Listening to the WiRACHP Podcast “The States of Matter.” I realised that “I am not a girlie girl” is a phrase that seems to pop up in several episodes. As a womanfemale engineer 2 who is most definitely not a girlie girl, I totally get it. I’m rubbish at styling my hair, definitely can’t draw a cat’s eye and had no interest in playing with dolls growing up, but my lack of “girlie” skills is never mentioned when I talk about why I went into event management. So why is it talked about by female engineers when explaining their interest in engineering?

All of the amazingly talented female engineers who have been guests on the podcast are curious, creative, innovative, problem-solving and analytical. Girls can be all these things and still like high heels, sparkly dresses and Barbies.

Engineering as a career needs to be as inclusive as possible and if the podcast is to be believed many of the women working in it were tomboys growing up but maybe we need to stop mentioning that. We need to be careful that we are not subconsciously feeding the myth that to be an engineer you can’t have feminine interests. We all know that this is not true, but young girls may pick up on this message if they hear enough female engineers claiming not to be “girlie”.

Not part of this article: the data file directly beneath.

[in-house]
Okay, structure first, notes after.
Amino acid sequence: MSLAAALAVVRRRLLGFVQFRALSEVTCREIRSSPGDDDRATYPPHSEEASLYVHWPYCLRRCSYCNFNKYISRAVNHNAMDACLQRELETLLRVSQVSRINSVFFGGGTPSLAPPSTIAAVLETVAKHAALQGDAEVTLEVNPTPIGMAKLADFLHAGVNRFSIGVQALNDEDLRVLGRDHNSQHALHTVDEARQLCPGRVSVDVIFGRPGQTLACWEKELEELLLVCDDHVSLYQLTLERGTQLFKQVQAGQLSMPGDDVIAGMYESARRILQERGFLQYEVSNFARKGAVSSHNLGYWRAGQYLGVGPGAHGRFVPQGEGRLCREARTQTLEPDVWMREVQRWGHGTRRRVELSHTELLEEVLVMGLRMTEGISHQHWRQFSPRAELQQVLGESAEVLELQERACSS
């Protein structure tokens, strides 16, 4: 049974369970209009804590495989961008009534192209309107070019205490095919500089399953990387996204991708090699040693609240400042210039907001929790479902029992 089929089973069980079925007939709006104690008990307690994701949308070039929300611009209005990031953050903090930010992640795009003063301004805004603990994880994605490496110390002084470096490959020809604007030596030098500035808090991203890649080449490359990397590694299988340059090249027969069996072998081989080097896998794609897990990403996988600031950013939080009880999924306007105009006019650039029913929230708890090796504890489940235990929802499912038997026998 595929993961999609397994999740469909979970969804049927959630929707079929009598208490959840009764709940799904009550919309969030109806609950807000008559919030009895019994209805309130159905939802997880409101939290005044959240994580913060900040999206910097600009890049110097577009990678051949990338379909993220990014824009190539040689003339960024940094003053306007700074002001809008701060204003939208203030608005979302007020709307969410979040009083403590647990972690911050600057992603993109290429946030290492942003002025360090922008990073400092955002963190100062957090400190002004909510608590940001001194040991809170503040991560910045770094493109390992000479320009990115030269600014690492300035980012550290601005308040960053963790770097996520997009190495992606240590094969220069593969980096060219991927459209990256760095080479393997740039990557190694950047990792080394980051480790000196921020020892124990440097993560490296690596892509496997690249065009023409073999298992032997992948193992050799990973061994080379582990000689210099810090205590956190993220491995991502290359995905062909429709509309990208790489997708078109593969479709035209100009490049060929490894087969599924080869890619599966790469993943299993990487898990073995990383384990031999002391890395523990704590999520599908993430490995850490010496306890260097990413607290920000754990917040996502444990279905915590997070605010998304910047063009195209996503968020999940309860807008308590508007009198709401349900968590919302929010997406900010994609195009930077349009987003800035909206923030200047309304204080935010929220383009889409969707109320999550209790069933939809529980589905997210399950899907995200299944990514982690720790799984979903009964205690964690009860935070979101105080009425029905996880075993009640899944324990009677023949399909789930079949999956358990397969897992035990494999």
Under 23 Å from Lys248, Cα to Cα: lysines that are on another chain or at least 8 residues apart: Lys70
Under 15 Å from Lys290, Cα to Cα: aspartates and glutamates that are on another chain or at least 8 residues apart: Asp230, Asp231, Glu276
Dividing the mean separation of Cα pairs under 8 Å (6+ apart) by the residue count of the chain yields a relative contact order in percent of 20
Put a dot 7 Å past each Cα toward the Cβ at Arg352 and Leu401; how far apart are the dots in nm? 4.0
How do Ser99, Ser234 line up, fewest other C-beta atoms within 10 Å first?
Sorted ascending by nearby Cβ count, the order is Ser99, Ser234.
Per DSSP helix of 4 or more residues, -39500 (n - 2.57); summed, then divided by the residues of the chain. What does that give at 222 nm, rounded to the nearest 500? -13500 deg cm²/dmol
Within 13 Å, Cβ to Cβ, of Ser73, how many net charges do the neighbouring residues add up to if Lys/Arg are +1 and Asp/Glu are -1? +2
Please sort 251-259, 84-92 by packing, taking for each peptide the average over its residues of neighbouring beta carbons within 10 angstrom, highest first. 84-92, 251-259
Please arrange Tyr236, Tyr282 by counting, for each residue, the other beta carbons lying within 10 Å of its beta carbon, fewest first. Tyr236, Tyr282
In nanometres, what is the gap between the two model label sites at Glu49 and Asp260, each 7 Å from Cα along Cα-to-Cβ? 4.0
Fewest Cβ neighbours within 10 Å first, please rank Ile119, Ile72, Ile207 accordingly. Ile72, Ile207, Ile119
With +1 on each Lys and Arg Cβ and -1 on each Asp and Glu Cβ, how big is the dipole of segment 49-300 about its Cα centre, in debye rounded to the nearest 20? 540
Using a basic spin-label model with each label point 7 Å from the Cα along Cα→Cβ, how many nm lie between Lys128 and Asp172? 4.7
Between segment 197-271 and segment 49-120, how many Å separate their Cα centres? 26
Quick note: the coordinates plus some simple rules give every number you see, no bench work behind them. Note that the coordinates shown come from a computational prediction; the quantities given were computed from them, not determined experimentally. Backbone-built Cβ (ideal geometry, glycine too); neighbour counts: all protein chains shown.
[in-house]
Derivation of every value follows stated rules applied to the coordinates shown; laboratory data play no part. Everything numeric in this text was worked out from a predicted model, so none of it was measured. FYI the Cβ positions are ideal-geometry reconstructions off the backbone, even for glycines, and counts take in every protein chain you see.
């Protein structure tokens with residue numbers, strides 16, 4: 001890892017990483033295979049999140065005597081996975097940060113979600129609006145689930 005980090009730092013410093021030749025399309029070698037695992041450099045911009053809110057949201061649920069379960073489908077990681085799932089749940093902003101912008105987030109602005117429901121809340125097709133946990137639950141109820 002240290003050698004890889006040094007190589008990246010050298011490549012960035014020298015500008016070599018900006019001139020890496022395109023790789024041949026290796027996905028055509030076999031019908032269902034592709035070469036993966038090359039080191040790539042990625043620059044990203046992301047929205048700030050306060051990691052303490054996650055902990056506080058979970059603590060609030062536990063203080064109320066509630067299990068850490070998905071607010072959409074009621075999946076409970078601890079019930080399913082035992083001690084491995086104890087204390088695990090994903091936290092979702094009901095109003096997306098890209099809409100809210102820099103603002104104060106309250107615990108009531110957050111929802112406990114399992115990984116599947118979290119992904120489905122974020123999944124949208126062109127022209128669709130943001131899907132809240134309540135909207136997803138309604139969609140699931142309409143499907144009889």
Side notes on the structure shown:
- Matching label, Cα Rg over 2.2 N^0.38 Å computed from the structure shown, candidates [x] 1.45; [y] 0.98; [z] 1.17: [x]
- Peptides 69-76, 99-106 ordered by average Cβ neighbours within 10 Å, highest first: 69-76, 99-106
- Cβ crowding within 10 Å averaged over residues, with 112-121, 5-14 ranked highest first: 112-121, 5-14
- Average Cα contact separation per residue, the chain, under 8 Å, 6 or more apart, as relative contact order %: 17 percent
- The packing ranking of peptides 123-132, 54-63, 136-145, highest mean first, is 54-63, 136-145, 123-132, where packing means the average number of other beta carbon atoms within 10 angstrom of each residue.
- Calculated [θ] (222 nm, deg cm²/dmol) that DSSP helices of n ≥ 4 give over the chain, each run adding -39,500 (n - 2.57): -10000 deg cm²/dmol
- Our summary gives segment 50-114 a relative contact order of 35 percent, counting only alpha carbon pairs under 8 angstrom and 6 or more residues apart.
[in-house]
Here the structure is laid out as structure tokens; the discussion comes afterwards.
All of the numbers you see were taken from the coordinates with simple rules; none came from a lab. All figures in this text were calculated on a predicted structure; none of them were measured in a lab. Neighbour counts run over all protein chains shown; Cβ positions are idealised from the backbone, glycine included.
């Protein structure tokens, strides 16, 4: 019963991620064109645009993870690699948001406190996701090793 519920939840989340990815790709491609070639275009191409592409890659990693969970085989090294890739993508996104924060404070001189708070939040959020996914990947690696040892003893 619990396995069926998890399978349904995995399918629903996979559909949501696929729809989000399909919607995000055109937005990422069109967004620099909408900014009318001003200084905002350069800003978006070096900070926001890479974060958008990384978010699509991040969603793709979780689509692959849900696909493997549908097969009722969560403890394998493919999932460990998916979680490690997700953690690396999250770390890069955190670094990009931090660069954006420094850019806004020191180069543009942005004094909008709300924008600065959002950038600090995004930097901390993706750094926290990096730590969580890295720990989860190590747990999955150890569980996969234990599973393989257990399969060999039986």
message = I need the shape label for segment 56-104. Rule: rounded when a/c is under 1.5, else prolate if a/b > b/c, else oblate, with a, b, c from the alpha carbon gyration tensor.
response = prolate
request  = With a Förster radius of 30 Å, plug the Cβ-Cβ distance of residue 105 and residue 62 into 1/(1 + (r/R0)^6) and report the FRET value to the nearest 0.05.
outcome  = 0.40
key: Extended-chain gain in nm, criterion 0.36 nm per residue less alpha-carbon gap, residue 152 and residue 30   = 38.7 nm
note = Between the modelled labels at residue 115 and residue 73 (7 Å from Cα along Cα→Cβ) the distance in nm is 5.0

There is a reason why when I was small, I thought the only jobs open to me were nurse, teacher or secretary. It was because that was what I was told I could be.

We need those Barbie-loving girls to know that the engineering profession will welcome them with open arms if this is a career that they are interested in. It is not just a place for blokes and tomboys. We have excellent female role models and engineering is an amazing job, that allows people to be creative, challenged, well paid and skilled. Some female engineers may identify as tomboys, but that is not why they are engineers, it’s because they’re intelligent…..and awesome. This is the message we need to share with little girls.

See you next month

Sam Buckell and Lisa Waters